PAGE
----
******Having said all that, I think it is great that you are being proactive in your career. We have too many paper pushing MBA’s already, but you might want to consider something where your skills will really be needed. Maybe a Masters of Science in RE. Most of the coursework is math & science related. Or maybe chemical, mining, or petroleum engineering. We have a shortage of engineers in these fields.
I was thinking about a consult as well. I have been a paid member for awhile now, and wonder if he would tell me anything that I haven’t read from him before? By the way I read Chris’ book, and the end does make some predictions on possible scenarios that may help you to get an idea of what he see’s as possible or probable in the future. Great book.
I think its ironic that whomever posted this on YouTube titled it:
Steve Leeb Points Out The Fallacies of Peter Schiff’s Senseless Liquidationist Theories
I think history speaks for itself here. I’m curious as to why you value Leebs judgement.
Yeah, he looks like a hyperactive moron on the video, but he’s really not good on TV. It’s also impossible to know if his point was wrong, given that we don’t know how things would be w/o the bailout. Having said that, I was against, but if the bailout kicked the can down the road and allowed me more time to prepare, then maybe it was for the best. If you haven’t read any of his books, they are right on the money. I am in total agreement on his thesis on the interconnection of commodities and future shortages. His book “Game Over” is really interesting.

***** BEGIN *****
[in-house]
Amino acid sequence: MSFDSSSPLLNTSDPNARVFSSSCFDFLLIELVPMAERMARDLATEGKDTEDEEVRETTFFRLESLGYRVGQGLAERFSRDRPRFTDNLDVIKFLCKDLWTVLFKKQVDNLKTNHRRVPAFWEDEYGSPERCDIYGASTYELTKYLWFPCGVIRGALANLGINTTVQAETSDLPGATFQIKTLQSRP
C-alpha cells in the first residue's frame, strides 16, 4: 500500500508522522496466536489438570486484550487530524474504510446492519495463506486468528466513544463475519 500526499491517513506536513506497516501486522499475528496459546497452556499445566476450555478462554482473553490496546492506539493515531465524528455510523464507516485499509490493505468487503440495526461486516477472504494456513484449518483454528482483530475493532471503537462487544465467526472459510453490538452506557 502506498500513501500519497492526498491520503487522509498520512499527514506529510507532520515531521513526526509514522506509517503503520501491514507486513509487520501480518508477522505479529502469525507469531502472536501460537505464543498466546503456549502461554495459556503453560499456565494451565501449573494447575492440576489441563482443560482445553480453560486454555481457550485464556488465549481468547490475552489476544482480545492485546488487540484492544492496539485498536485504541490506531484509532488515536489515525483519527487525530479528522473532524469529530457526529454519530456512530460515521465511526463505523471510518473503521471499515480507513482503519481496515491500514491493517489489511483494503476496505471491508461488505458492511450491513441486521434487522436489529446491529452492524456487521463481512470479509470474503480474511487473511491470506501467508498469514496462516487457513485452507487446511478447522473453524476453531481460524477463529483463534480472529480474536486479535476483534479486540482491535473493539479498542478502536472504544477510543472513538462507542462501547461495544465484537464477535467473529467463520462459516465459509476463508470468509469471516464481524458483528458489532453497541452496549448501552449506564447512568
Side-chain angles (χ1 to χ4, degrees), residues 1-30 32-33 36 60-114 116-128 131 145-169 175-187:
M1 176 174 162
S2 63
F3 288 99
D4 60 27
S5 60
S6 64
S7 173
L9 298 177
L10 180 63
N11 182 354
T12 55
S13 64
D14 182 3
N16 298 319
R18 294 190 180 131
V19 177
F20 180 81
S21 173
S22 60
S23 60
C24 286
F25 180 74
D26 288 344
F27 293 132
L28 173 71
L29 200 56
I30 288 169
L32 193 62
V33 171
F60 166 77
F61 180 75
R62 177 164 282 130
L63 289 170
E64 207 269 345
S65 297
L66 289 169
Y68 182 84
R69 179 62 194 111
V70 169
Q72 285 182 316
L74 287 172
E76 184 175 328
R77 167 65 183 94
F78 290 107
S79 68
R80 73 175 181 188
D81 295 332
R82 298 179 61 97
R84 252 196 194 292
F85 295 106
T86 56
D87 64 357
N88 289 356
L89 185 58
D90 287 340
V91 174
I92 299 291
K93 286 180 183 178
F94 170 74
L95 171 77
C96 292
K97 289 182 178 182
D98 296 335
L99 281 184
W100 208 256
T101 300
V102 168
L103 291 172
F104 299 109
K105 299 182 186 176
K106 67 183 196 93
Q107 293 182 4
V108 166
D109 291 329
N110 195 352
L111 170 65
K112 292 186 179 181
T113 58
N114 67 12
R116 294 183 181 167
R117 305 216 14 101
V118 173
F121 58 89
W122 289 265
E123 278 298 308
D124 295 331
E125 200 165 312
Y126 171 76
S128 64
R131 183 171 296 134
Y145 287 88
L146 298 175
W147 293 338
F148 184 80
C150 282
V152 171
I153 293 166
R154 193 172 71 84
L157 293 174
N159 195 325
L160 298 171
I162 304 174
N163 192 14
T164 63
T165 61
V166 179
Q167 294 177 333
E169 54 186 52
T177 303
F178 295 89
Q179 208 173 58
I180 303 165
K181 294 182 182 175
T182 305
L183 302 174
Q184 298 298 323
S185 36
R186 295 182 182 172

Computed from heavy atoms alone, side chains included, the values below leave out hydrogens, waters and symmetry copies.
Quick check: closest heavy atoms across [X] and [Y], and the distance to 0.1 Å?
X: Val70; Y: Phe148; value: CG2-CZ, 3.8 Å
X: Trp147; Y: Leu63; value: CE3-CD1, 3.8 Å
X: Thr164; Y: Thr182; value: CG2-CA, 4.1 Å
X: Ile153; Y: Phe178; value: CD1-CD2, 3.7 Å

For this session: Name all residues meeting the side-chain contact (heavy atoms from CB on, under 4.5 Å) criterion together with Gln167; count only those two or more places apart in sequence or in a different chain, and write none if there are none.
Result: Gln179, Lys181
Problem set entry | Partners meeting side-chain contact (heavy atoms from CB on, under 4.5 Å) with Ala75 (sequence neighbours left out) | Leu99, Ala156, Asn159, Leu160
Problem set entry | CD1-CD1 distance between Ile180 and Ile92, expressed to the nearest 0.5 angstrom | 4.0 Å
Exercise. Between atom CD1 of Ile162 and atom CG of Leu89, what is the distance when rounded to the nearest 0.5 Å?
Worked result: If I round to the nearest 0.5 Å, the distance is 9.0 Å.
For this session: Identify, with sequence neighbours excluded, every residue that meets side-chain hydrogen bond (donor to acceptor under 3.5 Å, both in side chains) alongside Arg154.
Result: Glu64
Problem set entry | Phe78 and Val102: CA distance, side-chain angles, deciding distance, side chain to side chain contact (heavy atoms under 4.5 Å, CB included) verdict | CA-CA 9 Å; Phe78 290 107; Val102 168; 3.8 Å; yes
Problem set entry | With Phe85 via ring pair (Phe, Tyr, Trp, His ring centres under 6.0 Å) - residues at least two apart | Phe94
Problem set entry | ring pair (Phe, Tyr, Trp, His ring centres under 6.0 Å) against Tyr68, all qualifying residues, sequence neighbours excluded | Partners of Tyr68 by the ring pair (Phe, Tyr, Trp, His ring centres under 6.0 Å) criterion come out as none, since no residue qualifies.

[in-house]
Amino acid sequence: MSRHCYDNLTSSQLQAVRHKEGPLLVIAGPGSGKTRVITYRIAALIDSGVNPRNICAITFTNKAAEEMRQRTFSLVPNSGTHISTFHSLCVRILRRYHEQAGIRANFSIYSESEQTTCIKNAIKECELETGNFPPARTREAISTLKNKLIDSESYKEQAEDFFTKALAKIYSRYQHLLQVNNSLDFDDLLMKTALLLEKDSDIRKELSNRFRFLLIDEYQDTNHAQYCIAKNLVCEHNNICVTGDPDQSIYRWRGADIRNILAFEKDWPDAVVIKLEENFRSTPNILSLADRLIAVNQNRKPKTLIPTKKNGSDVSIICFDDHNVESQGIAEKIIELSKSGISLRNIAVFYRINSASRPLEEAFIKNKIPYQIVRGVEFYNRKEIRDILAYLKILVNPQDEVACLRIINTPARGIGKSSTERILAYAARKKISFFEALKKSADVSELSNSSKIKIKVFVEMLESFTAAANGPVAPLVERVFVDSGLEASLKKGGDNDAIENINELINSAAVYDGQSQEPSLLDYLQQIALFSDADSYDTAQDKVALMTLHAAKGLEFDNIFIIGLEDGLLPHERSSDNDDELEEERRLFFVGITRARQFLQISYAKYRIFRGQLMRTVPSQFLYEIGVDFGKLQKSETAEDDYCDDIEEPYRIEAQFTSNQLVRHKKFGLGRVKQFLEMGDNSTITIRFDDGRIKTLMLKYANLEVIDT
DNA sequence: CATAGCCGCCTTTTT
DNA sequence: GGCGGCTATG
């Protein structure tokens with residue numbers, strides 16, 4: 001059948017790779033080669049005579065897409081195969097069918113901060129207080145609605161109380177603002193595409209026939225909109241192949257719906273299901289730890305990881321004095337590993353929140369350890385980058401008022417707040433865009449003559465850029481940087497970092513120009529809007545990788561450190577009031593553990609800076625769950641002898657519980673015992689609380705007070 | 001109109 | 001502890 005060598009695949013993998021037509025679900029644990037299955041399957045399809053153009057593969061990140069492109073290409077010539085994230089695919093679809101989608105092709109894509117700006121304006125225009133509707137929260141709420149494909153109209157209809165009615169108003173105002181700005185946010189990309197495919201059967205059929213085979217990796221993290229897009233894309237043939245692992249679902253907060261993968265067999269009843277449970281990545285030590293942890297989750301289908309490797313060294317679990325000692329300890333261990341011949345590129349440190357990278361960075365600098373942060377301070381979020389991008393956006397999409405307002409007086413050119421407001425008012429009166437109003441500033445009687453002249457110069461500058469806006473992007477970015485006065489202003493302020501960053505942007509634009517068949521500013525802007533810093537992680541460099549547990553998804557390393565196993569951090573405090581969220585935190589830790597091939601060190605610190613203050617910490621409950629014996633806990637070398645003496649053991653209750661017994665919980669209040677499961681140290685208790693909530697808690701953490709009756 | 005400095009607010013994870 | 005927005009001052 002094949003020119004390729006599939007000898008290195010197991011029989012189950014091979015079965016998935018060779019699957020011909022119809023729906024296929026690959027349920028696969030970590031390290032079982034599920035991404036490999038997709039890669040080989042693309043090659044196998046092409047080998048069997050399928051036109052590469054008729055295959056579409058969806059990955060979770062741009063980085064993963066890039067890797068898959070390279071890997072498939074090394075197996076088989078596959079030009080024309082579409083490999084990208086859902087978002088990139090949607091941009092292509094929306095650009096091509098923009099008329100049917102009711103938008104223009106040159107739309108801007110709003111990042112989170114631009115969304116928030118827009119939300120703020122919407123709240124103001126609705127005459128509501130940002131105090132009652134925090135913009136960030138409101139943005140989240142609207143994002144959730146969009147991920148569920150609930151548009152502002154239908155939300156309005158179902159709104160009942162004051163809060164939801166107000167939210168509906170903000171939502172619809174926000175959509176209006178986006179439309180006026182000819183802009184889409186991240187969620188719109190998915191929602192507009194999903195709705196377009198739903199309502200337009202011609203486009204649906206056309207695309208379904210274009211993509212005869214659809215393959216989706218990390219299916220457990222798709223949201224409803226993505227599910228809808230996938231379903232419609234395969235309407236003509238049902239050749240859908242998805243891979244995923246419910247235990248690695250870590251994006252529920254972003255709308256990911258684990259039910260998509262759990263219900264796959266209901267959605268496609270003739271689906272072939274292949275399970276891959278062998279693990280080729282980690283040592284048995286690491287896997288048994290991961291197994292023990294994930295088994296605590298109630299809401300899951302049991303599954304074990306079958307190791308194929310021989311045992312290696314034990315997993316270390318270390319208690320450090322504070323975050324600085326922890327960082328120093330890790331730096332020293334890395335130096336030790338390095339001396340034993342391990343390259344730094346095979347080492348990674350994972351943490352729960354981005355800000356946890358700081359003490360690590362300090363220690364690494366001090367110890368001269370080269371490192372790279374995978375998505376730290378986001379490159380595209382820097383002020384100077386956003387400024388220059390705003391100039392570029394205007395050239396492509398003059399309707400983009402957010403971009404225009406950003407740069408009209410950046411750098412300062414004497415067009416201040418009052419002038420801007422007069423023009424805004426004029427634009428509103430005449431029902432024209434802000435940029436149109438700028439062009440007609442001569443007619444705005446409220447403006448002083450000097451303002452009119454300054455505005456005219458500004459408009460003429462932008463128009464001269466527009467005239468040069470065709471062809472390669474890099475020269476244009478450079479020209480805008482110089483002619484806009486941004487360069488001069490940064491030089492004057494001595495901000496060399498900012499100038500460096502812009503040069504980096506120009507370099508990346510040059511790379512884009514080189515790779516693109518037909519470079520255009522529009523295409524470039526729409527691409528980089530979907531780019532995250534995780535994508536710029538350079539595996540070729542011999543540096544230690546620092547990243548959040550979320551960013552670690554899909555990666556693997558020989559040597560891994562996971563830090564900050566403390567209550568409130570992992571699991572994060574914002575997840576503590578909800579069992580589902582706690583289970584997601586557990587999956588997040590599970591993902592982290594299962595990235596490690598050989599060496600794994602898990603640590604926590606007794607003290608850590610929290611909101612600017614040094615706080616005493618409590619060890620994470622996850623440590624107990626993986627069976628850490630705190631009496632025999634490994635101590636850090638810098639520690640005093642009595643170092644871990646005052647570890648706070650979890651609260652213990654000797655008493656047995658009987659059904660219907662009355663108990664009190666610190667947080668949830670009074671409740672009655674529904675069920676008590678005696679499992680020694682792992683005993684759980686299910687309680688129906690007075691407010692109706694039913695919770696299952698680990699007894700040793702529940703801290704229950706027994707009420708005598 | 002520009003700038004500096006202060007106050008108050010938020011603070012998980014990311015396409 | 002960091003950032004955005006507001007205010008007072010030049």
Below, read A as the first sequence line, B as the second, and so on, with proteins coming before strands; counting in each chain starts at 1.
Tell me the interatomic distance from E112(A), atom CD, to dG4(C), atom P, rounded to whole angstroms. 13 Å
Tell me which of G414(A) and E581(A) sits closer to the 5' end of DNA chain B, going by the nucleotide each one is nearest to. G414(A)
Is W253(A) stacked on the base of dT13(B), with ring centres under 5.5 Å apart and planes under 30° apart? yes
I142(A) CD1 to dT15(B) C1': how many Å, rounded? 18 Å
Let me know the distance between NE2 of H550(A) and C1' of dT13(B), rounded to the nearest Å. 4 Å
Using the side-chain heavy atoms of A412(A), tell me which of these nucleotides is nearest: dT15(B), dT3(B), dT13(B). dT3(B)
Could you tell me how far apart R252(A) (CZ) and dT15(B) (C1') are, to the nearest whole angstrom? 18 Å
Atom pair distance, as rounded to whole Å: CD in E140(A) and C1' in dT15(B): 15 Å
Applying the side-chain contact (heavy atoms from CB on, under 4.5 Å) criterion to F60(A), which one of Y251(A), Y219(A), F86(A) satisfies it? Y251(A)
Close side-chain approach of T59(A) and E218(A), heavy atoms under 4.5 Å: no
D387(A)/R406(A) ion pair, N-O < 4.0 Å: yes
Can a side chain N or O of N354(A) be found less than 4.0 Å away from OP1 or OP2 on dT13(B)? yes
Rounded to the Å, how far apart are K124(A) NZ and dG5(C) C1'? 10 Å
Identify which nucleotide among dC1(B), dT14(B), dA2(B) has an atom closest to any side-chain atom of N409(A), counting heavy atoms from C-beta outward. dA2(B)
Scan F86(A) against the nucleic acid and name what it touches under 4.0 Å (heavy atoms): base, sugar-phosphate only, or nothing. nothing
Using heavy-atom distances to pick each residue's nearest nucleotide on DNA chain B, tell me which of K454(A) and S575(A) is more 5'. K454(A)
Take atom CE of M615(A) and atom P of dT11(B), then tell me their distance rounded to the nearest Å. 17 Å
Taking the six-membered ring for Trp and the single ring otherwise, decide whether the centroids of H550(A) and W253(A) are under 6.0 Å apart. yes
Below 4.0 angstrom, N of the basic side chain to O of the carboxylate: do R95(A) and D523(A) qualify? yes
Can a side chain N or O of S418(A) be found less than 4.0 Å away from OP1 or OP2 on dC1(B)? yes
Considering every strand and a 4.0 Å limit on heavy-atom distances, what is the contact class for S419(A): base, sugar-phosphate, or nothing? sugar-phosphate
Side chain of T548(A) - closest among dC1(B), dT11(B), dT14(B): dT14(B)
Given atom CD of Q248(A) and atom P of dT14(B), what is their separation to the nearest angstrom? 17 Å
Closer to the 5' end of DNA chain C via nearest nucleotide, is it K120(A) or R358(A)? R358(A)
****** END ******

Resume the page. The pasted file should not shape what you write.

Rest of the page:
I’ve read a couple of Schifff’s books as well, and I agree with a lot of what he has to say. Of course everyone made a big deal about how horribly Schiff’s clients did in 08′. Ultimately, as much as I like Peter Schiff, I think he underestimates peak oil and the shortages in commodities we are facing. I get the impression from him that the free market with small gov’t will fix all after some pain. I’m all for small gov’t, but free market capitalism will not put fish back in the ocean, oil and minerals in the ground, or topsoil back where it belongs.
All in all, I feel that he understands the dire situation we are facing in regard to natural resources better than any other advisor I have come across. (I am sure someone else is better, but this is my point of view) His fund gives me exposure to those resources.
I have some of my assets allocated to LCM’s “Peak Resources” fund. It has individual stocks in commodity based companies such as: gold and silver miners, bullion, oil and gas producers, coal producers, rare earth miners, etc…
I don’t know if these would be first, Sager and Pinecarr beat me to some of the really good ones:
1. The stock/ bond market is the path to wealth/ retirement.
2. My pension/ social security will always be there.
3. Gasoline always available.
4. My personal favorite, Technology will save us, fix our problems, and perpetually entertain us!
Your welcome. Your comments are absolutely correct in my opinion. I came about it the hard way, but you are right about the limits being set by others. Sometimes I feel like I am watching my entire family standing on railroad tracks saying, “Look at the pretty light!” I am on the sideline trying to coax them off the tracks, but they are enjoying the lights. I could go on the tracks and physically remove them, but is there enough time, or do I get hurt in the process?